The widening employee-efficiency gap confirms our worst Sears about retail

The Sears bankruptcy highlighted the seemingly insurmountable costs facing many brick-and-mortar retail chains.


October 23, 2018

After 8 straight years of net losses, Sears finally filed for bankruptcy last week. 

The bankruptcy itself was no surprise. What was shocking? Sears’ company value per employee, which stood at just $498 according to Axios (for context, the average employee value among companies with 5k+ employees is $355k).

Hitting a brick (and mortar) wall

Sears’ rock-bottom value resembles other large brick-and-mortar retailers. J.C. Penney’s 98k employees are worth just $5.6k per capita.

Meanwhile, Amazon, which has more than 5x as many employees as J.C. Penney (563k), is worth $1.53m per employee and Netflix is worth $27m per employee.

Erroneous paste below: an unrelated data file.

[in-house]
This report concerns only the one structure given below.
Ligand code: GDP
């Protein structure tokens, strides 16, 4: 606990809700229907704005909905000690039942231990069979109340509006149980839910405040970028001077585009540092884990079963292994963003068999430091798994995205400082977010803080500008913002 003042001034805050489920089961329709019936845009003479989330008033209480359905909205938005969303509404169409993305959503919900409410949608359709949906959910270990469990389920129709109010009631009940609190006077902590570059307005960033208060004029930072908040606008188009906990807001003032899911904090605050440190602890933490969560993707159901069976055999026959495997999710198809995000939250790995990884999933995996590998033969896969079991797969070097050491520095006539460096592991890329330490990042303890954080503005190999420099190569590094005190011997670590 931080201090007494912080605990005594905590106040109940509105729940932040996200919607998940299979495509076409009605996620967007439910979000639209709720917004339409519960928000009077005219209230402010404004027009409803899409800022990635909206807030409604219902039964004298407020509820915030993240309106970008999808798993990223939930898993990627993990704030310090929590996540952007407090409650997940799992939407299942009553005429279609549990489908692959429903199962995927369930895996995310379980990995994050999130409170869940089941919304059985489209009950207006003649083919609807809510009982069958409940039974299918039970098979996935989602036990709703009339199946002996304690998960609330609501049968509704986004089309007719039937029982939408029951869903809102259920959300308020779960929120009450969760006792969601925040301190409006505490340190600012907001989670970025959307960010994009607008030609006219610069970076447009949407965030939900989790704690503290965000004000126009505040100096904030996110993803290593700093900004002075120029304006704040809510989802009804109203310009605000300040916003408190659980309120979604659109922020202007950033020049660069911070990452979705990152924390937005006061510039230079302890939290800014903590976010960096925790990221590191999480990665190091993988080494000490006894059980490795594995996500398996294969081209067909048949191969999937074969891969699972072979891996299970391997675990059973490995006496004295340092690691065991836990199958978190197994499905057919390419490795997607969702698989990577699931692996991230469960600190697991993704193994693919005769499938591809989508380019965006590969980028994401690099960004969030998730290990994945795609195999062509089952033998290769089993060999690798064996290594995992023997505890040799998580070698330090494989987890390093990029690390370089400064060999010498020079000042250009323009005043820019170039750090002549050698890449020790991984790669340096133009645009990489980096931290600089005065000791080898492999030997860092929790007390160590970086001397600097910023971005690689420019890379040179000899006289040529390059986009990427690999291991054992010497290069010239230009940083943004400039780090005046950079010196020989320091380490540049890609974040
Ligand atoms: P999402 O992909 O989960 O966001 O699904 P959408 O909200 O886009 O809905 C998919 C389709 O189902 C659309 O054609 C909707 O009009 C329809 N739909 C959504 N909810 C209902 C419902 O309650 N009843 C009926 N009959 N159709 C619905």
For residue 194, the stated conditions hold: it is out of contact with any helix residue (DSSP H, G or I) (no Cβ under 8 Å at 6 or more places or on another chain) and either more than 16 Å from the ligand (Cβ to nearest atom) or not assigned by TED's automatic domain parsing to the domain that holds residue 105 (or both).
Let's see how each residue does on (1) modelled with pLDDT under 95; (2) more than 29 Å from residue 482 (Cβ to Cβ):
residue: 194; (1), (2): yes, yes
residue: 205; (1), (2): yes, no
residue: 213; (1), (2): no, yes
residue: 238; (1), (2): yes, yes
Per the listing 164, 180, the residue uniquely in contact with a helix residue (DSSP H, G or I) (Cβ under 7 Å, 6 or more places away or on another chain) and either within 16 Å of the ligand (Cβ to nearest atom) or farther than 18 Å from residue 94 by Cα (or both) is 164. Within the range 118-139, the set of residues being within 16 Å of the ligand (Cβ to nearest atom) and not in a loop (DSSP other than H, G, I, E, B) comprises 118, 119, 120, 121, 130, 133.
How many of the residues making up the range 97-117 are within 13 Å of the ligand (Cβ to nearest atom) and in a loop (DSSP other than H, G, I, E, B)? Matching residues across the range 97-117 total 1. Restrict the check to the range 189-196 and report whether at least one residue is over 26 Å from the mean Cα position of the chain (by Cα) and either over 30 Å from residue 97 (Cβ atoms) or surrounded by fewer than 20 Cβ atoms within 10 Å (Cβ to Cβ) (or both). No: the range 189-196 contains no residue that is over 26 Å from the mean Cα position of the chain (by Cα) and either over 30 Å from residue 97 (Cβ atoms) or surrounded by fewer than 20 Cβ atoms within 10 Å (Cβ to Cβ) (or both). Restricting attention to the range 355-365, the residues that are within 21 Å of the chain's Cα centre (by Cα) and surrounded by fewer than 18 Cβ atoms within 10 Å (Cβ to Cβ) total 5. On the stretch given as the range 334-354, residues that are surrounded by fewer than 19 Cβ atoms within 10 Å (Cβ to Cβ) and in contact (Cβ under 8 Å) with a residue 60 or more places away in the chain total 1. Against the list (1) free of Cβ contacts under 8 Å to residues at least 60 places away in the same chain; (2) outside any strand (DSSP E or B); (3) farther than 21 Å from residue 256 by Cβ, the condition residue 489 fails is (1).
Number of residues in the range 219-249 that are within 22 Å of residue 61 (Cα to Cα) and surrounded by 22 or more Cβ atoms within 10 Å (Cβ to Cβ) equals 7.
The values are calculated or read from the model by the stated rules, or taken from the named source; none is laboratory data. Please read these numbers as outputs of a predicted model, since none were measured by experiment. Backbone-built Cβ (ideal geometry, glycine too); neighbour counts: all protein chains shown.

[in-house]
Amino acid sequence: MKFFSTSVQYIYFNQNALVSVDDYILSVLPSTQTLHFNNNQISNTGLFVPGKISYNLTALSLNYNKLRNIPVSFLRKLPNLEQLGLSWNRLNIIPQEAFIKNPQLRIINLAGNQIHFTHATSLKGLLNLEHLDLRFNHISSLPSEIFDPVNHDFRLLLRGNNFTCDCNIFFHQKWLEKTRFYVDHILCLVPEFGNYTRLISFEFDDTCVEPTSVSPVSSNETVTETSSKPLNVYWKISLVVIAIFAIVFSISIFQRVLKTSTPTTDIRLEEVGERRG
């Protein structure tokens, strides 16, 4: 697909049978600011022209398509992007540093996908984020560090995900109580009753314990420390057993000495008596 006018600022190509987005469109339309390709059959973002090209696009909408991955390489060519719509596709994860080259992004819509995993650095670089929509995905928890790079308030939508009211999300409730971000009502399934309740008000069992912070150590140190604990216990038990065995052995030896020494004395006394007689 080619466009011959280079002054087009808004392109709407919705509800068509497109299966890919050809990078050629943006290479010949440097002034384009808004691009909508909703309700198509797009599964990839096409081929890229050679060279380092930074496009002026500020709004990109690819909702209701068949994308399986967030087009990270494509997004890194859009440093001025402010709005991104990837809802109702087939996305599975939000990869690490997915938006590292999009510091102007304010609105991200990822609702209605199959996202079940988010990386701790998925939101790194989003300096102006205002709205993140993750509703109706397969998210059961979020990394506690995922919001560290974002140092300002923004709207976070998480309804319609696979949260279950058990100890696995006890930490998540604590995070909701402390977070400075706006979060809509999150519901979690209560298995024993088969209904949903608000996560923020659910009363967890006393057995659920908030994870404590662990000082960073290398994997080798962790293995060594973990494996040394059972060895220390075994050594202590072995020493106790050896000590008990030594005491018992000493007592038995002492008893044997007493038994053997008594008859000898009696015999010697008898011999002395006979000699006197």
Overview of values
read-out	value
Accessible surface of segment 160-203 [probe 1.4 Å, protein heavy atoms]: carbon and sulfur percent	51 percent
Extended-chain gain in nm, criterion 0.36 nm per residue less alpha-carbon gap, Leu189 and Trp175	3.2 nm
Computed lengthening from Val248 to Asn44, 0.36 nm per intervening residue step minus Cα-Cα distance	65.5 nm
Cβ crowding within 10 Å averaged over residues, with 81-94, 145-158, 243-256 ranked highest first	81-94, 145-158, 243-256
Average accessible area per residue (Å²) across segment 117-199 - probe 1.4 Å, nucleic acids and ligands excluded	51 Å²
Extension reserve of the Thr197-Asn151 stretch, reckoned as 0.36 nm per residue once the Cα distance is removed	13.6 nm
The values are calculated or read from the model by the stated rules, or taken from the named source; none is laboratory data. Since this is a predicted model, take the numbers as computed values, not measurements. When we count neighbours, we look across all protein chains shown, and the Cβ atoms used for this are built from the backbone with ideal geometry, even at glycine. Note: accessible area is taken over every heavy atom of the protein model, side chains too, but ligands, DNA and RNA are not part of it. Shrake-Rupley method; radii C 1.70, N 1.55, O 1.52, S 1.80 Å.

A deepening digital divide

This per capita discrepancy has nothing to do with the quality of individual employees; instead, it shows that companywide technological efficiency will increasingly determine retail’s winners and losers.

Blockbuster and Toys ‘R’ Us had to pay rent for thousands of physical stores and hire thousands of salespeople to run those stores. Netflix and Amazon sell the same things — just without those costs.

So, unless legacy retailers like J.C. Penney are able to create an army of super-employees on short notice, they’ll likely follow Sears to the mega-mall in the sky.

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